Dual-screen laptops could soon become a trend in 2024 as new photos of Acemagic's twin monitor wonder emerge — new device comes with Core i7-1265U, pair of 14-inch displays

Acemagic X1
(Image credit: Cowcotland)

GPD recently announced the first true dual-screen notebook in the form of GPD Duo, a nifty device with a pair of 13.3-inch OLED displays that fold out one above the other. Now, Acemagic has revealed its own dual screen system, the X1 (which it is also claiming as the world's first dual-screen notebook). The arrival of two such similar products so close to each other suggests this could be the start of a trend.

Acemagic teased it would be showing the X1 at Computex 2024 and true to its word, the first photos and details of the forthcoming device have arrived. Unlike the GPD Duo, the X1’s screens fold out horizontally.

French tech site Cowcotland found the X1 at Computex and snapped a picture of it in action, and also noted down the available specs of the device.

Buyer beware

The laptop is equipped with either an Intel Core i7-1265U or Intel Core i7-1255U processor and Intel Iris Xe graphics. It comes with two 14-inch (1920 x 1200) screens that can be connected to create a display on the front and back of the laptop. The X1 reportedly weighs in at a respectable 1.8 kg.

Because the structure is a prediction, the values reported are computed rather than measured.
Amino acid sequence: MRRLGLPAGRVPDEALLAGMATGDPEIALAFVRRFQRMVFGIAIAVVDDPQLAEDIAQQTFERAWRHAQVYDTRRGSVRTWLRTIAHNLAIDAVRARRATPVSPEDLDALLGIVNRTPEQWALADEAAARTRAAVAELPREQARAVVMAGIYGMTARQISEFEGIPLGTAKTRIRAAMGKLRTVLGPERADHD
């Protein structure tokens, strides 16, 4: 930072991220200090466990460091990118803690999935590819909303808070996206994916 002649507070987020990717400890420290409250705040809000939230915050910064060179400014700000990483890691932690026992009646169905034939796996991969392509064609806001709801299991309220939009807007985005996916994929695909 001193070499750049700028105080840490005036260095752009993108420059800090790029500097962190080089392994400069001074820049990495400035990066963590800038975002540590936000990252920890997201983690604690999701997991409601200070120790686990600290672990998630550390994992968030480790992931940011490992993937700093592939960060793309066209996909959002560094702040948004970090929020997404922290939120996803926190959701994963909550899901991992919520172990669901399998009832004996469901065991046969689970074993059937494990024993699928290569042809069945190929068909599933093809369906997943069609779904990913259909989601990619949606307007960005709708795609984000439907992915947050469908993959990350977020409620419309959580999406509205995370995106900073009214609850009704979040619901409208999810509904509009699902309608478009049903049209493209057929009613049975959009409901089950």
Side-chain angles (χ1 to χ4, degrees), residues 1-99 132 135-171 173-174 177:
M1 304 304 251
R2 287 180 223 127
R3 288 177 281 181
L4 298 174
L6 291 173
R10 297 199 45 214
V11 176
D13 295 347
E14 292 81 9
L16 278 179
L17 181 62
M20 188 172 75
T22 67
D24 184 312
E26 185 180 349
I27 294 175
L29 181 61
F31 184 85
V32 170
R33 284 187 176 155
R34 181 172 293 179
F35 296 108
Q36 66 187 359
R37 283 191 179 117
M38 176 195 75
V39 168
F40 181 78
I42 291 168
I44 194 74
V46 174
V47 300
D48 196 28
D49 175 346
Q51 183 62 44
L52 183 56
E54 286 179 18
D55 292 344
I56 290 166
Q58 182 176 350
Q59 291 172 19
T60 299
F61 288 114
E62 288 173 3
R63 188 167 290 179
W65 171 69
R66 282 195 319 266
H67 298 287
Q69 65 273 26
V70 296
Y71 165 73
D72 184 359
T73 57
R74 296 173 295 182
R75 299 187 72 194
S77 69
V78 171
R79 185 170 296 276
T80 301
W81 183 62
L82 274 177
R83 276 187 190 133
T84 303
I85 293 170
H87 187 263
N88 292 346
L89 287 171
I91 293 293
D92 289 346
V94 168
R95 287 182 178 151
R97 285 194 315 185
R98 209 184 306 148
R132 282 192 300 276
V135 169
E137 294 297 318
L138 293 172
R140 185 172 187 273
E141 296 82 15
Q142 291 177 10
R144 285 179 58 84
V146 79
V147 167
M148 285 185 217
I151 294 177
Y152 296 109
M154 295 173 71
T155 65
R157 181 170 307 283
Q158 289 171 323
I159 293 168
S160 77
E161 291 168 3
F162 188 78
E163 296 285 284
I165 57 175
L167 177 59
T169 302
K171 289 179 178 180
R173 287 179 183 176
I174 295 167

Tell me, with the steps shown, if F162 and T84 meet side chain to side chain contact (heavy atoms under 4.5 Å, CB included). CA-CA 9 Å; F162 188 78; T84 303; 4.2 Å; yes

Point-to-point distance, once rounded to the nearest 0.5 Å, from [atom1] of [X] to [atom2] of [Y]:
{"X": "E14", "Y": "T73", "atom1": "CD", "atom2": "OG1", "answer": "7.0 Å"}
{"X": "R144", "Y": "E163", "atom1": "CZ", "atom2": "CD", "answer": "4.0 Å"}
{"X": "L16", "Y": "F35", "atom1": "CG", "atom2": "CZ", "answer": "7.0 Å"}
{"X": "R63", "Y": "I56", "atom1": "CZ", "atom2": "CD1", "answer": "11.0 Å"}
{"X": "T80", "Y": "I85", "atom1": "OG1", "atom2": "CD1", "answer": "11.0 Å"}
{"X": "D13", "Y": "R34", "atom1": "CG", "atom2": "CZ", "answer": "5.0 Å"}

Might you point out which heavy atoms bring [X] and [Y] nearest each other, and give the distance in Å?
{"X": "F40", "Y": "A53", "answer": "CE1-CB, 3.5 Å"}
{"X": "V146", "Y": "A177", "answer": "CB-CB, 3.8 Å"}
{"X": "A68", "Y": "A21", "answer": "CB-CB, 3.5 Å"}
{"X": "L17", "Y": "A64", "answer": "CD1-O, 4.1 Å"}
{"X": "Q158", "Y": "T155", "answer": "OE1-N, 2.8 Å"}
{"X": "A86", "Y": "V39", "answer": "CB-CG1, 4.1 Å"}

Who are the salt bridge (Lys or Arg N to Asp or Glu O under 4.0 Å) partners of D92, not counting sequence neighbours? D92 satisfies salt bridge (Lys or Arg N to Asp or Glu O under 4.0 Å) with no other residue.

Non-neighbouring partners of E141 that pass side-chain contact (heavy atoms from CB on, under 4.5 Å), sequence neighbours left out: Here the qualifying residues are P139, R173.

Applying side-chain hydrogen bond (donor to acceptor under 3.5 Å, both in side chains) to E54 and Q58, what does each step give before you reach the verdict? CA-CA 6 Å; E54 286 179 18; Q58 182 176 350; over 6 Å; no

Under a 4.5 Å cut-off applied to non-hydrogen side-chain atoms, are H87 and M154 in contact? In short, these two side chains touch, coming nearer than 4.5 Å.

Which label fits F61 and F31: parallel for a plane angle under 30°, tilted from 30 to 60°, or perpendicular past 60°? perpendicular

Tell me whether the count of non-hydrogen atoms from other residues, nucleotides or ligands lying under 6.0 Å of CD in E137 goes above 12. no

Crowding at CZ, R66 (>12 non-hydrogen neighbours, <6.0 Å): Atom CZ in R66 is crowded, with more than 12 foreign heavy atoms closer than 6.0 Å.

Cowcotland says the X1 supports LPDDR4 RAM (the amount is unknown) and offers two NVMe M.2 2280 slots for storage. There are USB 3.0 and 2.0 type A ports, as well as USB type C ports. The X1 is equipped with two 2 watt speakers and a 4000 mAh battery. Buyers will be able to choose between Windows or Linux. There's no word on pricing or availability at the moment.

While it looks great, it’s worth mentioning that Acemagic has a bit of a patchy reputation. Earlier this year the Chinese manufacturer was found to be shipping products with spyware pre-installed. The company said at the time that this was an isolated issue that was limited to the “first shipment”.

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Wayne Williams

Wayne Williams is a freelancer writing news for TechRadar Pro. He has been writing about computers, technology, and the web for 30 years. In that time he wrote for most of the UK’s PC magazines, and launched, edited and published a number of them too.